Tower Music / Musique de la Tour

Tower Music / Musique de la Tour

Birth of a sound sculpture
Joseph Bertolozzi
Joseph Bertolozzi
Catalog Number: 
new classical
new music
homemade instruments
music for dance

Paris, France

Release Date: 
Apr 29, 2016
Liner Notes: 
1 CD
Joseph Bertolozzi: Tower MusiciTunes Artist's PageiTunes Album Page
Song TitleTimePrice
1.A Thousand Feet of Sound05:11$0.99
2.The Harp That Pierced the Sky03:11$0.99
6.The Elephant on the Tower03:28$0.99
7.Glass Floor Rhythms02:44$0.99
8.Evening Harmonies04:31$0.99
9.Tower Music10:53
10.Audio Tour of Eiffel Tower11:25
One Sheet: 

What is the sound of one hand clapping? We may never know. What does the Eiffel Tower sound like? Hah! There's an answer to that one.

Never one to shy away from a compositional challenge, Bertolozzi undertook what became a twelve year odyssey to sample and write music using only the sounds of the Eiffel Tower. Without the aid of supplemental instruments or effects, he worked with the raw surfaces of this architectural landmark. 

A spiritual follow-up to his Bridge Music (composed for and using New York’s Mid Hudson Bridge), Tower Music was a logistical as well as artistic challenge. Bertolozzi’s careful navigation of the considerable political, artistic and organizational challenges guided Tower Music to completion through waters fortuitously free of protocols. Notoriously protective of images of their iconic structure, the French embraced Bertolozzi’s project to make it sing.

This muse of iron did not yield its harmonies easily, however. Percussive cadences revealed themselves more readily than melodic lines, but the challenge was met: Bertolozzi takes something incomplete as an instrument and makes it seem like there’s nothing missing.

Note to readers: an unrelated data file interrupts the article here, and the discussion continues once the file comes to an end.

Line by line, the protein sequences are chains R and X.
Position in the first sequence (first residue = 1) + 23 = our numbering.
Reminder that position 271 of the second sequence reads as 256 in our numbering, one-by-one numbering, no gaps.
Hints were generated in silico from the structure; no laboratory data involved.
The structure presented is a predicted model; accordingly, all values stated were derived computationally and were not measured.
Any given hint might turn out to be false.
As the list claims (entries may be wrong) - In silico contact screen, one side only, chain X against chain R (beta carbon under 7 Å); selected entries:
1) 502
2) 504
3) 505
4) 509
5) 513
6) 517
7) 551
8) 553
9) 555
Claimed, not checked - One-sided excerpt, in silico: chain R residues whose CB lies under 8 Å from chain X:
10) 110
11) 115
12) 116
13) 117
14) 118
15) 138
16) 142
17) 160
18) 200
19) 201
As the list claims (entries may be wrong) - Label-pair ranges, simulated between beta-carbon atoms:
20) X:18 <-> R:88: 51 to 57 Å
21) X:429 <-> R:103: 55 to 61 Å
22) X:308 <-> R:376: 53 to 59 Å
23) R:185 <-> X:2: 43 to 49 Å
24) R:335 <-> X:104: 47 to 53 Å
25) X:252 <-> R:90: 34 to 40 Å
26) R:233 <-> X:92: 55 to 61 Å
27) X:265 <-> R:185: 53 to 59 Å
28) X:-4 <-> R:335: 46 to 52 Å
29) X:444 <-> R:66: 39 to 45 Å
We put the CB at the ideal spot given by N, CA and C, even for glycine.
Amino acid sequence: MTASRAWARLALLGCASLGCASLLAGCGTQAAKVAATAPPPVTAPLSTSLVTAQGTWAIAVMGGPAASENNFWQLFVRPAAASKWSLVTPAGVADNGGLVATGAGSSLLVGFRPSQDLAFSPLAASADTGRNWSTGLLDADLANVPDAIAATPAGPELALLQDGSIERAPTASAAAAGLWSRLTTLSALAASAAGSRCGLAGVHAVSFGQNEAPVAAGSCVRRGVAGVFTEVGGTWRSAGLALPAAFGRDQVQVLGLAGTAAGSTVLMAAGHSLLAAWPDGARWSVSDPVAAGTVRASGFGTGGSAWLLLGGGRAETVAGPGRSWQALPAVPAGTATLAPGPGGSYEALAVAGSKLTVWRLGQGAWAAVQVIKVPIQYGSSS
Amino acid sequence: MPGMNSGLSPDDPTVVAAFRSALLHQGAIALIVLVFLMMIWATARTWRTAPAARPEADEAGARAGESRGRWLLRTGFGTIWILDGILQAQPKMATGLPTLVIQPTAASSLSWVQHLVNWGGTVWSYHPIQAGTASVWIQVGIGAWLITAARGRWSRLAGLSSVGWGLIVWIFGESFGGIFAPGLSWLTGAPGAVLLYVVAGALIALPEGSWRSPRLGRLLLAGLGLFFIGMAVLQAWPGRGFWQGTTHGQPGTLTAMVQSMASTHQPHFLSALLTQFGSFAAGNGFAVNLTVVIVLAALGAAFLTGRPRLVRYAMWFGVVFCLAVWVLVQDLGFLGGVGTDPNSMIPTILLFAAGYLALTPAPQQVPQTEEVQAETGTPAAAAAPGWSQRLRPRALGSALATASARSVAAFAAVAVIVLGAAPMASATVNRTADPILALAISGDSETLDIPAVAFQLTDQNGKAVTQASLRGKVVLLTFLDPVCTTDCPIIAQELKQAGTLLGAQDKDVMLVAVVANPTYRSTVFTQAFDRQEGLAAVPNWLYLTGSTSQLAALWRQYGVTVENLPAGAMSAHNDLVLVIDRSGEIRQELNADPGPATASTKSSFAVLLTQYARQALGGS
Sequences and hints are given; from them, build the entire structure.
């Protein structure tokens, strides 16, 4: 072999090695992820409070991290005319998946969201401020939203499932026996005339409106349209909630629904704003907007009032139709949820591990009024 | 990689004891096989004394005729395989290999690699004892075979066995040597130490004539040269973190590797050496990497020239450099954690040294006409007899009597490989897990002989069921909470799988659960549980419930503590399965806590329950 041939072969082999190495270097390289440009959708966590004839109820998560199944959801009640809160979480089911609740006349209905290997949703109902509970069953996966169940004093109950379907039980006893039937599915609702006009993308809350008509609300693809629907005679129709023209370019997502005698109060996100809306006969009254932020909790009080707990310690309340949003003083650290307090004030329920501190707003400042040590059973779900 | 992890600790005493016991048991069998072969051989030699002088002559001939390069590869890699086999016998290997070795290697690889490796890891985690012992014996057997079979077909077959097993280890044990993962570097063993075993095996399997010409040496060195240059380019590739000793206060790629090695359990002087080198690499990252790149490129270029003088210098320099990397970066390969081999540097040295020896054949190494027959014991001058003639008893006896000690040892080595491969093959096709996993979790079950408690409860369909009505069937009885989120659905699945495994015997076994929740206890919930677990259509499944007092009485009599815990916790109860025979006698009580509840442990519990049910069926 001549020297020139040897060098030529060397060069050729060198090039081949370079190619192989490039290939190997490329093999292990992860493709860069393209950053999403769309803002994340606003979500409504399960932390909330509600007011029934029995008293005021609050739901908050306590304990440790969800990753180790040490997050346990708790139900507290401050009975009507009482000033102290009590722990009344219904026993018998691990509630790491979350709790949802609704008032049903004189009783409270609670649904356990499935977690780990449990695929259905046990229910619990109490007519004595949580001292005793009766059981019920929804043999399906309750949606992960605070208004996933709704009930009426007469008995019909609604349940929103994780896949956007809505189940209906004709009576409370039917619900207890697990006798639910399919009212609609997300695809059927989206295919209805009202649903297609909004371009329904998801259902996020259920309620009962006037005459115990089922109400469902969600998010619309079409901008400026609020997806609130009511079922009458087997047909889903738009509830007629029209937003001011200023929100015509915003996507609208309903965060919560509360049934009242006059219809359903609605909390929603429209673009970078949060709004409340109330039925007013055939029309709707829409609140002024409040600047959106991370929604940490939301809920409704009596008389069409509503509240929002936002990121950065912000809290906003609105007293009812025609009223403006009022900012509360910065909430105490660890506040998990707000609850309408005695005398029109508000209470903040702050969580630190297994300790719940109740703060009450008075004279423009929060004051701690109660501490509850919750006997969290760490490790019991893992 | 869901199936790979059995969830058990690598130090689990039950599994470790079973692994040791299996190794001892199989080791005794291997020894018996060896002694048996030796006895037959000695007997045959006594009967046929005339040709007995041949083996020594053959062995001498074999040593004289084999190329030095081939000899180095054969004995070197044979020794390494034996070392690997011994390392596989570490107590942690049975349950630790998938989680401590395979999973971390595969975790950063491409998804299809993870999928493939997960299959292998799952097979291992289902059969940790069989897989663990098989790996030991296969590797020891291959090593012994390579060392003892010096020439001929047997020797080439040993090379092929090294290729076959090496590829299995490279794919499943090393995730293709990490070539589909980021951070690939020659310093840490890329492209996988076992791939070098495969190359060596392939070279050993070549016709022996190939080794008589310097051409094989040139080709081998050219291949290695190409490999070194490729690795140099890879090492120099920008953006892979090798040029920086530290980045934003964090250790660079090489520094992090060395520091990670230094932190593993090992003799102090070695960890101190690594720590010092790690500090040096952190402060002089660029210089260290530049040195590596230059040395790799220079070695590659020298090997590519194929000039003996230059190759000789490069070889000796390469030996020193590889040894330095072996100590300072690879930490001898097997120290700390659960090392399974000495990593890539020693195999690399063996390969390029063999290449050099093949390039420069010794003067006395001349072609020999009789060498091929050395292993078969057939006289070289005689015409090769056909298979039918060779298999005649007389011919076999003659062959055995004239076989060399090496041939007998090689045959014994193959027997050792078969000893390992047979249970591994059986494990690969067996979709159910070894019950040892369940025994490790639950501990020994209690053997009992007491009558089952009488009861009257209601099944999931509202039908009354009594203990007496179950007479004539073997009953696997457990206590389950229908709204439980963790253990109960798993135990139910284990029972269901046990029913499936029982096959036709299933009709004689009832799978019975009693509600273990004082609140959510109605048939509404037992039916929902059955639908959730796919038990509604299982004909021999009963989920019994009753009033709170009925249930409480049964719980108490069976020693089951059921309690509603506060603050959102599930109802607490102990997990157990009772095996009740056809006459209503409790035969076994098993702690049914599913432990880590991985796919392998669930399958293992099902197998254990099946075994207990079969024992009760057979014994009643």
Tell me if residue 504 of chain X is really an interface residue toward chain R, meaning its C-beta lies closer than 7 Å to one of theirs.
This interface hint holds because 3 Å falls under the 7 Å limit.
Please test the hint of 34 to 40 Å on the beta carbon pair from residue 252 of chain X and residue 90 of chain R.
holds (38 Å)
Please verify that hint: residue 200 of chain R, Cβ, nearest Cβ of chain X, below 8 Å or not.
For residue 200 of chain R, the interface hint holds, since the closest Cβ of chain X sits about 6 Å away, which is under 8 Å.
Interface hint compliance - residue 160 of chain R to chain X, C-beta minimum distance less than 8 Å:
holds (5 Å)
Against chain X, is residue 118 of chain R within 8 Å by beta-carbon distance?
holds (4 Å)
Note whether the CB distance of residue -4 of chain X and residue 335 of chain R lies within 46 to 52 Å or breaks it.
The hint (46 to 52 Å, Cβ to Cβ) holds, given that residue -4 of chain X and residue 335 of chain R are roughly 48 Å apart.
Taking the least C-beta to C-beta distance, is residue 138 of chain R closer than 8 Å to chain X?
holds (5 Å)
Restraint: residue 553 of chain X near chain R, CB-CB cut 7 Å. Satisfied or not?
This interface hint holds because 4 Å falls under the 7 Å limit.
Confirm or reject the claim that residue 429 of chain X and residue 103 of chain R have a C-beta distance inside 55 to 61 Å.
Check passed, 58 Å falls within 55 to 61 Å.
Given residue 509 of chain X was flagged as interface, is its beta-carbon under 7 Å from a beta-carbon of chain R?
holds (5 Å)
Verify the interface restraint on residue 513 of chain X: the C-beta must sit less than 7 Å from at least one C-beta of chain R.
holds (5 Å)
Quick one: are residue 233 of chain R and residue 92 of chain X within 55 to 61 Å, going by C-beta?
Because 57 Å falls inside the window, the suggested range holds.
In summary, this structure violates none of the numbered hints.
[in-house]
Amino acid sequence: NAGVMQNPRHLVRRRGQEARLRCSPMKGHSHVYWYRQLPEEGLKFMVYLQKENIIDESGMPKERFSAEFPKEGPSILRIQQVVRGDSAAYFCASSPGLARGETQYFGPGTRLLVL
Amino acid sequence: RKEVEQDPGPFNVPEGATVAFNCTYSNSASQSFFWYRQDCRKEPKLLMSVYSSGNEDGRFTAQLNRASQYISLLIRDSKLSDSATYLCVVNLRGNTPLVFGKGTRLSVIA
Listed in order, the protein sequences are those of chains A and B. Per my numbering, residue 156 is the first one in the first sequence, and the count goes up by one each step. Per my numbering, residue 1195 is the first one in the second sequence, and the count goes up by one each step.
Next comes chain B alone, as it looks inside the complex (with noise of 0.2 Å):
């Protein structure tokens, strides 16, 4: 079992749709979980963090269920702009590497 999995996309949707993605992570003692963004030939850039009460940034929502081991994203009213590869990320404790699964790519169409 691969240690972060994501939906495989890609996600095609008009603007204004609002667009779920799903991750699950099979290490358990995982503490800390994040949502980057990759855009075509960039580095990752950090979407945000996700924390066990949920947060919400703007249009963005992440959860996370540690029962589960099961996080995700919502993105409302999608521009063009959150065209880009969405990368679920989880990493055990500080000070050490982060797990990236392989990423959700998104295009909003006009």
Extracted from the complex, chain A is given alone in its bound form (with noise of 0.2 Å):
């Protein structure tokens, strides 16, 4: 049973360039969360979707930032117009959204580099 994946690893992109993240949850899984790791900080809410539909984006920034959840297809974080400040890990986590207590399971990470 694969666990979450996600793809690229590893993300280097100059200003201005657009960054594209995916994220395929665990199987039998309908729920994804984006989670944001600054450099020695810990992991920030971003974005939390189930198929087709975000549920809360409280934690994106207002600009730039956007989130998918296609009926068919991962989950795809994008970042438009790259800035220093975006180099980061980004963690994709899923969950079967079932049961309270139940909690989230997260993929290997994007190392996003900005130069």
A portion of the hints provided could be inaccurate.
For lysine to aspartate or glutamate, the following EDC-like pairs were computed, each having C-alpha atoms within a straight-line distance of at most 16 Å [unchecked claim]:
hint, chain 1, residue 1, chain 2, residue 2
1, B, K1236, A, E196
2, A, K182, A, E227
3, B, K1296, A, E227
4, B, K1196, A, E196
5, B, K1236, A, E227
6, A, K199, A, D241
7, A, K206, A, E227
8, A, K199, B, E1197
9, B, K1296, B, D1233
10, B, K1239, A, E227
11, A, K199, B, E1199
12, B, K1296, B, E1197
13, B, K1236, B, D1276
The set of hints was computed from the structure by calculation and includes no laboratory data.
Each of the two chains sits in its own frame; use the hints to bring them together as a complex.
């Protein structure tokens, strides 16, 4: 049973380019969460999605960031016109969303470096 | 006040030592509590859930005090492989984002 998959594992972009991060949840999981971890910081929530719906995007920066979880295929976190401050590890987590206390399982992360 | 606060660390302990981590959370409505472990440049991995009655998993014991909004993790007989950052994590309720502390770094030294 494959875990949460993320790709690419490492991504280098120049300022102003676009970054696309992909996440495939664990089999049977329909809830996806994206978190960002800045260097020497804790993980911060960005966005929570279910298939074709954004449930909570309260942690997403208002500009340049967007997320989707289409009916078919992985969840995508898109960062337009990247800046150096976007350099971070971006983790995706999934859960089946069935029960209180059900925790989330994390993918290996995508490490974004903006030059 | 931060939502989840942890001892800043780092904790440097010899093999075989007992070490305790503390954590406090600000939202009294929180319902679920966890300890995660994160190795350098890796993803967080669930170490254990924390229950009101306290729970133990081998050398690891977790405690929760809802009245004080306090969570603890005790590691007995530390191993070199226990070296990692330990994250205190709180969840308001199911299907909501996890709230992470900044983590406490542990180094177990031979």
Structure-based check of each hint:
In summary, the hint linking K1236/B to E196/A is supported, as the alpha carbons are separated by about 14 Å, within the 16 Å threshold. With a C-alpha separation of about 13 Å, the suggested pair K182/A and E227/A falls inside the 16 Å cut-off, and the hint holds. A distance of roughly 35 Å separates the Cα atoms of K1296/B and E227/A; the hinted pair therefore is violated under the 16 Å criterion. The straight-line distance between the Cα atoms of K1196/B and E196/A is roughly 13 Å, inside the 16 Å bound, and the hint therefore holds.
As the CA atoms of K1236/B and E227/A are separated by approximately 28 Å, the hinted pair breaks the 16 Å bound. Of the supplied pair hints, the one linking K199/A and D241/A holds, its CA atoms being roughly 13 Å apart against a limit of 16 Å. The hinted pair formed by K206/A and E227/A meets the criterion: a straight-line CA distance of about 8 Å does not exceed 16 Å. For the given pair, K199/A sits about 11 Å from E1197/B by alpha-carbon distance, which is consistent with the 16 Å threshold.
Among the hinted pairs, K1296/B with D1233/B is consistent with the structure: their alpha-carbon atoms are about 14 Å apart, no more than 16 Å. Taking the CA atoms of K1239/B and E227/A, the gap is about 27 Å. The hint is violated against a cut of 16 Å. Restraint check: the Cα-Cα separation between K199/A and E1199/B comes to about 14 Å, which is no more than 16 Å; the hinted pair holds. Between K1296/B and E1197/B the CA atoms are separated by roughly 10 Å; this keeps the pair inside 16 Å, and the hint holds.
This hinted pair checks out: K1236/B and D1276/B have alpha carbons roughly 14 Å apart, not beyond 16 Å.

Bertolozzi's tour de force of compositional craftsmanship takes the listener on a colorful journey: from its bold, opening overture to gentle whisperings; from a lilting waltz to a darkly avant-garde soundscape; from a mash-up of modern Western and ancient Indonesian styles to the volcanic finale. Here, a composer takes on a world monument and brings back the music of the world.


"Irresistible ... a buoyant, resonant rhythmic entertainment. [A] witty and often beautiful array of rhythmic grooves and harmonic rhapsodies, as if Steve Reich had been set loose on a giant Erector set. ... [T]he piece’s allure really comes from the vigor and inventiveness of Bertolozzi’s musical imagination." [FULL ARTICLE]
Joshua Kosman

"The album begins with 'A Thousand Feet of Sound,' a five-minute overture exploring the Tower’s entire aural array—layering earthy, thumping basslines with the lightning-fast, tinny clinking of the Tower’s fences and panels. 'The Harp That Pierced the Sky' employs quite a different sonic palette, enveloping the listener in an intimate sound world of sparse musical textures, metallic echoes, soft percussive melodies, and plenty of silence.

"The title track brings Bertolozzi’s magnum opus to a close with a (literal) bang, featuring a bold and bass-heavy eruption of industrial melodies and fearlessly dynamic, muscular rhythmic themes. And to top it all off, at the end of the album Bertolozzi includes an audio tour of the Tower to help you locate the different tones, timbres, and musical textures used throughout." [FULL ARTICLE]
Maggie Molloy

"None of the recorded sounds was electronically altered or manipulated in any way; however, they are layered and ordered in such a way as to create music that sometimes evokes gamelan, sometimes minimalist electronica, sometimes Japanese noh drama, sometimes military drumming. Any library supporting a program in music composition should absolutely acquire this album." [FULL ARTICLE]